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From Barnes & NobleIn the stories of her 1996 National Book Award-winning collection, Ship Fever, Andrea Barrett explored the human passions at work behind a dazzling array of scientific endeavors. Now, in The Voyage Of The Narwhal, Barrett has enlarged upon that theme to create an extraordinary chronicle of 19th-century Arctic exploration, an intellectually and emotionally satisfying tale of adventure, ambition, tragedy, and redemption that transports the reader from the sitting rooms of 19th-century Philadelphia to the uncharted reaches of the frozen North and back again.
The year is 1855, a time when "Arctic hysteria," engendered by the published accounts of explorers such as John Rae, Charles Wilkes, John Richardson, and Elisha Kent Kane, has captured the popular imagination on both sides of the Atlantic. The largest and most elaborately provisioned Arctic expedition, led by Sir John Franklin of England, has disappeared without a trace, and the fate of Franklin, his two ships, and 500-man crew has become an international concern. Rescue parties have been hastily organized, only to go missing themselves.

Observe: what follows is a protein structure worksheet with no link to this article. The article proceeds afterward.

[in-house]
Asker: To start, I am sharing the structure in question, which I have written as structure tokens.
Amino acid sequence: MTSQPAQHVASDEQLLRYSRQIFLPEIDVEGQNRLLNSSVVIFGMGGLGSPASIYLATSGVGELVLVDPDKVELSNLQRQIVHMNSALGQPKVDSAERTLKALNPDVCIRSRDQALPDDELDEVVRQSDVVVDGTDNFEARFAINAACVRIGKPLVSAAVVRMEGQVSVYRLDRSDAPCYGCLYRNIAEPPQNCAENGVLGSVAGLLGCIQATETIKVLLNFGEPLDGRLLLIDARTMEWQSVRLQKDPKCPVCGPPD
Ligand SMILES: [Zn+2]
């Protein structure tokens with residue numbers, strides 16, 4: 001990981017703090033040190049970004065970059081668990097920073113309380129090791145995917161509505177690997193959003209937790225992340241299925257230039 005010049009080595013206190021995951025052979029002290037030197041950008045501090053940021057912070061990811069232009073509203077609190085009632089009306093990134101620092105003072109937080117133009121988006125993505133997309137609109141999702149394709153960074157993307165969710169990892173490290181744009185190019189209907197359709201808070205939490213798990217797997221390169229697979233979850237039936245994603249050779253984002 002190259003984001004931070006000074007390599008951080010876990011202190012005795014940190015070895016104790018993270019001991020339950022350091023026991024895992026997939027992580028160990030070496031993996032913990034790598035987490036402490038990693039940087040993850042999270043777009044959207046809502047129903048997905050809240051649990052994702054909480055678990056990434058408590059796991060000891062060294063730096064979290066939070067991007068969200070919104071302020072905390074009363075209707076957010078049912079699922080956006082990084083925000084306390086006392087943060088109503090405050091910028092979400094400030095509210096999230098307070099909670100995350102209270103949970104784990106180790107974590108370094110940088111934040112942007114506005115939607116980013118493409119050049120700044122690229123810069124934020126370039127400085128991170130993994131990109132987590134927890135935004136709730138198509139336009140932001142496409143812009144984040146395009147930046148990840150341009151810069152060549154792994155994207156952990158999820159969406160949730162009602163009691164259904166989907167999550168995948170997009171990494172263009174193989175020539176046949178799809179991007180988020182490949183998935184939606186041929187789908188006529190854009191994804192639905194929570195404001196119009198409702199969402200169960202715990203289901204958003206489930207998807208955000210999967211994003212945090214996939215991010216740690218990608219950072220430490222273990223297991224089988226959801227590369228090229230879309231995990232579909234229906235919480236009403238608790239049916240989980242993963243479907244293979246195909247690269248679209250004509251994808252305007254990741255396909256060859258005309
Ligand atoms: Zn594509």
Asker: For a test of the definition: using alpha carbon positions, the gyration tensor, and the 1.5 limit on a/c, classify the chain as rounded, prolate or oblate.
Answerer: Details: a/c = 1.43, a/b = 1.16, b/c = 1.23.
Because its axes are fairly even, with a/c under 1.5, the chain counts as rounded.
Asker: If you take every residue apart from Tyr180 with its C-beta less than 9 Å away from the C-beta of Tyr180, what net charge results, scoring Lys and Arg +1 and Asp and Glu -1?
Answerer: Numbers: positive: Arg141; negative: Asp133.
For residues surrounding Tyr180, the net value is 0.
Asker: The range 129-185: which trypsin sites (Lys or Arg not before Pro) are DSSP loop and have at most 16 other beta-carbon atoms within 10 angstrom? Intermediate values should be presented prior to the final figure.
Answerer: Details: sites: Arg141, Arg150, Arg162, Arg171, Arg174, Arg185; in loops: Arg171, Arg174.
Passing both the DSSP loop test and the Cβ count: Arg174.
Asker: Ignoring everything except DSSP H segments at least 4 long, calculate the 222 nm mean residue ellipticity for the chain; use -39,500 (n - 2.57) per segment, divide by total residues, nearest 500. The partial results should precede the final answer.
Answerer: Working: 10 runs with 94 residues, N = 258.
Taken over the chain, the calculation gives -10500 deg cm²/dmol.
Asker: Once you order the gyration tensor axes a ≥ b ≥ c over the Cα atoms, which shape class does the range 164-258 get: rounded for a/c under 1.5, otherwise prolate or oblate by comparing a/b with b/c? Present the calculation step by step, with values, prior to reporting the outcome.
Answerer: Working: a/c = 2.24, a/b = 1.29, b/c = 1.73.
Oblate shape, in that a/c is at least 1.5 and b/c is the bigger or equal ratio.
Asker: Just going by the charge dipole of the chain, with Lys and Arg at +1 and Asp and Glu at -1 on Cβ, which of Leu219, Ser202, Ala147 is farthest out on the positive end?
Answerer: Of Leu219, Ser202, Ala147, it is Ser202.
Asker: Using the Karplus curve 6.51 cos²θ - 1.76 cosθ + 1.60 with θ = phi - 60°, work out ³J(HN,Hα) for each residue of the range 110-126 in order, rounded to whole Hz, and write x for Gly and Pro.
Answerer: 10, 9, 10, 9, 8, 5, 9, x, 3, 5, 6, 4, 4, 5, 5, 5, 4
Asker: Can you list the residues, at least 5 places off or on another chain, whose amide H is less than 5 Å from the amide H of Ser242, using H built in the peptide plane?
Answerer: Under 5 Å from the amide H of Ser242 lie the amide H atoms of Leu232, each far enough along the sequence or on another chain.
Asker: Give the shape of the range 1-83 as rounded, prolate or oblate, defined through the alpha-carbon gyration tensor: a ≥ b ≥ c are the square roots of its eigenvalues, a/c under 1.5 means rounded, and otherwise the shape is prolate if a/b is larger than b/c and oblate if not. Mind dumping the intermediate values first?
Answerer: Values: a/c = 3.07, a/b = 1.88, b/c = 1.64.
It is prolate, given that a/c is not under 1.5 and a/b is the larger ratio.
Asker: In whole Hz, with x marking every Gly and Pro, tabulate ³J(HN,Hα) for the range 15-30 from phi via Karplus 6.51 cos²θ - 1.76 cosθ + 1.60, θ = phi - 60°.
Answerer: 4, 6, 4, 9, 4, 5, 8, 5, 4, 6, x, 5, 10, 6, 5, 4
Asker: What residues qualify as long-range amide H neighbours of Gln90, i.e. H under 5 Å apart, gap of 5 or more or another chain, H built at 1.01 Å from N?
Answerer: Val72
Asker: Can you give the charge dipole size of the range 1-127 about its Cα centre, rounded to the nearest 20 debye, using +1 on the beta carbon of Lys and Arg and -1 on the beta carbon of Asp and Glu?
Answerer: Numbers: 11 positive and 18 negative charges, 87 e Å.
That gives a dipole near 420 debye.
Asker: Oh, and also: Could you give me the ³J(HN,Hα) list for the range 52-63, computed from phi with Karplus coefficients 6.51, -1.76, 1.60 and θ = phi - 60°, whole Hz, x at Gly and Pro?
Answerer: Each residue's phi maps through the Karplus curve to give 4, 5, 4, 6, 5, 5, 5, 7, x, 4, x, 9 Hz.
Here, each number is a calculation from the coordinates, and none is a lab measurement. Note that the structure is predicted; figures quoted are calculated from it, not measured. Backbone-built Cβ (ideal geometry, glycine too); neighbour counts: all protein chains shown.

Barrett's protagonist is the introspective Erasmus Darwin Wells, son of a prosperous Philadelphia engraver and amateur naturalist. From an early age, Erasmus and his similarly monikered brothers, Copernicus, Linnaeus, and Humbolt, are encouraged to share in their father's scholarly enthusiasms. Thoroughly schooled in the scientific method, Erasmus often puzzles over his father's fondness for Pliny the Elder's highly subjective record of the divergent races of man:
On summer evenings, down by the creek, Mr. Wells had read Pliny's Natural History to his sons. Pliny the Elder had died of his scientific curiosity, he'd said; the fumes of Vesuvius had choked him when he'd lingered to watch the smoke and lava. But before that he'd compiled a remarkable collection of what he'd believed to be facts. Some true, some false -- but even the false still useful for the beauty with which they were expressed, and for what they said about the ways men conceived of each other, and of the world.
Erasmus gradually comes to understand that through these stories "in which truth and falsehood are mingled like the minerals in granite," he has been "taught to understand that anything you can imagine is possible."